Parents' Guide to

The Hunger Games: Mockingjay, Part 1

By Sandie Angulo Chen, Common Sense Media Reviewer

age 13+

Melancholy, violent sequel sets stage for waging war.

Movie PG-13 2014 123 minutes
The Hunger Games: Mockingjay, Part 1 Poster Image

A Lot or a Little?

What you will—and won't—find in this movie.

Community Reviews

age 12+

Based on 18 parent reviews

age 12+

This title has:

Educational value
Great messages
Great role models
age 16+

The Quality We have Come to Expect

Another strong entry in the series, if not the best one this only serves as a compliment to the others. I thoroughly enjoyed it. As always the target audience is too young. With the violence and dark tone this is suitable for sixteen and above. By this point if you are watching this series you like it already. If you don't, I don't see this one changing your mind. However I highly recommend. Also I did not know Jennifer Lawrence could sing, but that voice is lovely.

This title has:

Great messages
Great role models

Is It Any Good?

Our review:
Parents say (18):
Kids say (119):

There's a dark, melancholy tone to this movie, but it matches Katniss' state of mind. She's borderline despondent over Peeta's capture and frightened of President Snow's psychological terror campaign against her. She's not the Girl on Fire of the Games; she must become the real heroine of the revolution. Director Francis Lawrence continues to prove his commitment to making adaptations that are faithful to the spirit of the source material while also introducing changes to enhance the visual and emotional experience for movie-goers who haven't read the books. It was unclear how Mockingjay would work, being divided in two, but the movie succeeds in capturing Katniss' emotional volatility as she goes from Hunger Games Victor to revolutionary symbol -- even if that means it feels like not much happens in this installment compared to the first two films.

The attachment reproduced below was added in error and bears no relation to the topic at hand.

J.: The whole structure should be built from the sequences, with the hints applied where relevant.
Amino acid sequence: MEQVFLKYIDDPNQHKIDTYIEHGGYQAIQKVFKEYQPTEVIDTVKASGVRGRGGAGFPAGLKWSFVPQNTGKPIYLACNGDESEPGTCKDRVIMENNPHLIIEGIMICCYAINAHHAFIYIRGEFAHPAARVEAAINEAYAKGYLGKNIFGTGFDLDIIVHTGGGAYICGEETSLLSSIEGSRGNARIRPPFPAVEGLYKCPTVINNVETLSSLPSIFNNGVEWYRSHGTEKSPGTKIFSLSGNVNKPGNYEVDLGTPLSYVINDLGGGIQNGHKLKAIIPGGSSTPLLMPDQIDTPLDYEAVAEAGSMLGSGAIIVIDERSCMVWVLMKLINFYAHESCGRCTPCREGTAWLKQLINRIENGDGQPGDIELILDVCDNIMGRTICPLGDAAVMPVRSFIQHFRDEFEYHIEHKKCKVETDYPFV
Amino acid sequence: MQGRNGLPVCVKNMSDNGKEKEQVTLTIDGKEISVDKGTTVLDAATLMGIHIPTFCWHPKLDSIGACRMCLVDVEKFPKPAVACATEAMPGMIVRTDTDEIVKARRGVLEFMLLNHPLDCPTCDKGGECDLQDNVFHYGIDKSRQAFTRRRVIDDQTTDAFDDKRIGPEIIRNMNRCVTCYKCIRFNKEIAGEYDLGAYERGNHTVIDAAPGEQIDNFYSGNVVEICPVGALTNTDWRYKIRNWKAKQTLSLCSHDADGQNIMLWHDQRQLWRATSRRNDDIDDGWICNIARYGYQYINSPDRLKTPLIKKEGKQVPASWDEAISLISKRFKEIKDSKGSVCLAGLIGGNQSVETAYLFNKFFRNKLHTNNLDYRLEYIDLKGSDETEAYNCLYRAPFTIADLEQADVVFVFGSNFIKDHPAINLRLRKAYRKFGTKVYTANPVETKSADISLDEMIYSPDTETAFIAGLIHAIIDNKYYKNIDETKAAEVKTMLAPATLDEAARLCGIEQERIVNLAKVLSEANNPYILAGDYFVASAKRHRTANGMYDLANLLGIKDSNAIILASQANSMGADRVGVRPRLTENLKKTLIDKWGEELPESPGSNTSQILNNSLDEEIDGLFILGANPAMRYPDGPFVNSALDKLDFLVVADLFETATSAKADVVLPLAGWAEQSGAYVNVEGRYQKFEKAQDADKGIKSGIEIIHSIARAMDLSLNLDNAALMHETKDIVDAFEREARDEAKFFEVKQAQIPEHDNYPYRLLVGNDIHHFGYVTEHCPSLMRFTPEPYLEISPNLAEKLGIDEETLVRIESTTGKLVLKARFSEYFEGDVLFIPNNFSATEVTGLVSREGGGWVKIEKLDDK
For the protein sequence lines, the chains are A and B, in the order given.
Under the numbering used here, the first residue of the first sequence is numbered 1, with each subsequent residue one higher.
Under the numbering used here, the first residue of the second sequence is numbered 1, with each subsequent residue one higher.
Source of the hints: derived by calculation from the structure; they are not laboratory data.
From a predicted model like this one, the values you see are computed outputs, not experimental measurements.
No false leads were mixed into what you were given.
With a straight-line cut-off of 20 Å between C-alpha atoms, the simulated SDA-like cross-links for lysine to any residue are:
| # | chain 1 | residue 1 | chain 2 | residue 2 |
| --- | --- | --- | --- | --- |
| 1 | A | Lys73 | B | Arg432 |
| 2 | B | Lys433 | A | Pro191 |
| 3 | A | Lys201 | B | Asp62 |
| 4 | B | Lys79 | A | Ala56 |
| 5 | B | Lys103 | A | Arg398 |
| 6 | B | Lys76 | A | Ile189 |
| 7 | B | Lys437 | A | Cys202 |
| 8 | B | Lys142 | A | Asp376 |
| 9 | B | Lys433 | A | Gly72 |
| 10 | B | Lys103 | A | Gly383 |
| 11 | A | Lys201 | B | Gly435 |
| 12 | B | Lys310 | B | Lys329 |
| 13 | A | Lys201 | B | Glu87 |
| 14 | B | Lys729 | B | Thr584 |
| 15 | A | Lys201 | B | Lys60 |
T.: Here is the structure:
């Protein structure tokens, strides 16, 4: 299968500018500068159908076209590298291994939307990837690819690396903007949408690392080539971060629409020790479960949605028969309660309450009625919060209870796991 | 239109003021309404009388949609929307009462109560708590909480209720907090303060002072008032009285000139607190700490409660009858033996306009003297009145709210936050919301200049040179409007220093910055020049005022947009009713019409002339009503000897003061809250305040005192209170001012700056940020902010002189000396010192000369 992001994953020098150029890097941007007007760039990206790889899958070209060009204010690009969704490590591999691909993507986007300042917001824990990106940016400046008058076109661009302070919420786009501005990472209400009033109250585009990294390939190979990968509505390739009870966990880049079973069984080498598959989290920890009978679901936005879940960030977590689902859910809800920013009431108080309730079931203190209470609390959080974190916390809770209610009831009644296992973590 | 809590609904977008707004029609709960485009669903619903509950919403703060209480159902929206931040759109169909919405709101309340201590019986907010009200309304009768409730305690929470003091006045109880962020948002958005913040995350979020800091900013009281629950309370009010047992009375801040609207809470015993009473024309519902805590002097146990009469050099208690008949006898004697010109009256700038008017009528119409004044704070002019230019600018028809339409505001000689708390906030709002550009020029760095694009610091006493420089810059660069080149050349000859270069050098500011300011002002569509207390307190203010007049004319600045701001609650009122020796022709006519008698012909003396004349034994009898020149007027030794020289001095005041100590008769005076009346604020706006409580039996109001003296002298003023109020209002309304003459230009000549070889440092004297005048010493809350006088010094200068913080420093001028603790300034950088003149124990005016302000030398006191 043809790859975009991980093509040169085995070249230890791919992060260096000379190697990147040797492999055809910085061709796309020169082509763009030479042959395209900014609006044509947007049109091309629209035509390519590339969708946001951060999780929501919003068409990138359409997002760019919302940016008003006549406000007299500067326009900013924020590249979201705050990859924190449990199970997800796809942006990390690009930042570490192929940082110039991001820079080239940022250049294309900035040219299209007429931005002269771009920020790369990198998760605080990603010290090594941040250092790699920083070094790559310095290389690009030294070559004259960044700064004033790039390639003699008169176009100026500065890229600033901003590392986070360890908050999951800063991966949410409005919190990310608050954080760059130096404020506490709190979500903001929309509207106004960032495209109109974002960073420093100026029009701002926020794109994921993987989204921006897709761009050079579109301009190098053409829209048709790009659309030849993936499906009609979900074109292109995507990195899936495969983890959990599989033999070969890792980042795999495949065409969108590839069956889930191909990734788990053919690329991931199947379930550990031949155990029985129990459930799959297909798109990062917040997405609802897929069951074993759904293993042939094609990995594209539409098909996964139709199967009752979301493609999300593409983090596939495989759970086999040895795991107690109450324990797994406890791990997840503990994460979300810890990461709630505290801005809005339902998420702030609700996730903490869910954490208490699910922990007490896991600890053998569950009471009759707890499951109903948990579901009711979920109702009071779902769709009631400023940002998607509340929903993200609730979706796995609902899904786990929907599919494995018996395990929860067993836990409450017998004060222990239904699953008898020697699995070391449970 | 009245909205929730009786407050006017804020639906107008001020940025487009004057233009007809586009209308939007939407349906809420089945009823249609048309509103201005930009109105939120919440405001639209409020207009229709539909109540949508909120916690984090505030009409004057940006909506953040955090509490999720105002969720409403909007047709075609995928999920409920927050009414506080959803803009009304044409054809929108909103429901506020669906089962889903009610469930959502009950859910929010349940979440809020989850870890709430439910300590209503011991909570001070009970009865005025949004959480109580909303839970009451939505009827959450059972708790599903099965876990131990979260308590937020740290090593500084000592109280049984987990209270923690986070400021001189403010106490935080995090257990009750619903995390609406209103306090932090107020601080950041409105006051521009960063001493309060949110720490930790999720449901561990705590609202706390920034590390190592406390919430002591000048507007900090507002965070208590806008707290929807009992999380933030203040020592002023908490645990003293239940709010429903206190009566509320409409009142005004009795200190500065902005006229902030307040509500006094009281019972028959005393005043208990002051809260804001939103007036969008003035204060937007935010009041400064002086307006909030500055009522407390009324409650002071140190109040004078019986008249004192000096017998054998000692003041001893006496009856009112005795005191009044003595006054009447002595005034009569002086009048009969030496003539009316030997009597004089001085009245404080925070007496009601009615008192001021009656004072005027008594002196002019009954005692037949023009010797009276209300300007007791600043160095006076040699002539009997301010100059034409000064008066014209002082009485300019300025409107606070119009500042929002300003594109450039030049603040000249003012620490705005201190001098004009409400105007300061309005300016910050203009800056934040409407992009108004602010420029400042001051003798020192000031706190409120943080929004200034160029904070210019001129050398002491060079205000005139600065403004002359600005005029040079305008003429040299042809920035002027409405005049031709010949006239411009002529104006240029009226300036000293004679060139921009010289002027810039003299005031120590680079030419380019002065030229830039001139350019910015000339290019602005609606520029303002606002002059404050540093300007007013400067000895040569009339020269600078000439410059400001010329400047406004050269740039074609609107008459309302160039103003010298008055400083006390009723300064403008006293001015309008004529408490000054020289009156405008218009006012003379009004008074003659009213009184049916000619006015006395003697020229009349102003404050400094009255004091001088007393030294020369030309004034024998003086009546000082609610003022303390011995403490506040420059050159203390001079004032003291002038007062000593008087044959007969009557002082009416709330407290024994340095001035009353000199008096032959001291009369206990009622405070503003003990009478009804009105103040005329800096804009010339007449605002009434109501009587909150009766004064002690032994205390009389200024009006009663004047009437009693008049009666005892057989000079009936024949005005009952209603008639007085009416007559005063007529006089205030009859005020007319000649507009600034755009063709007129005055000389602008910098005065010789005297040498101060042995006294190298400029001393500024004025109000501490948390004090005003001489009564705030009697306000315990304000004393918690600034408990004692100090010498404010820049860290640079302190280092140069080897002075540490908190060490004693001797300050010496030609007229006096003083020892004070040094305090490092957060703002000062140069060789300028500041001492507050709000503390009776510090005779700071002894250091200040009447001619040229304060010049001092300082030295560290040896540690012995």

As Snow icily tells Katniss, love can destroy you -- and, in this case, Katniss' singular focus on Peeta consumes her to the point of distraction and instability. Lawrence is such a gifted actress that it seems completely authentic that a post-traumatic 17-year-old girl would care more about the one person who kept her sane in her darkest moments in the Arena than she would about furthering Coin's mission (and what a perfect job Moore does of playing the calculating leader). Liam Hemsworth does Gale justice, showing how the intelligent young man is in his element with the rebels of District 13 but also that he loves Katniss so much that he'd be willing to risk his life to save his rival for her affections. Hutcherson isn't on screen all that much compared to the first two films, but when he is, you can't take your eyes off his transformation from the charismatic Boy with the Bread into a starved, wild-eyed hostage. This isn't the sequel you'll want to rewatch again and again, but it does set things up for the final film, when Katniss will have to lead not just the stirrings of rebellion but an actual war.

Movie Details

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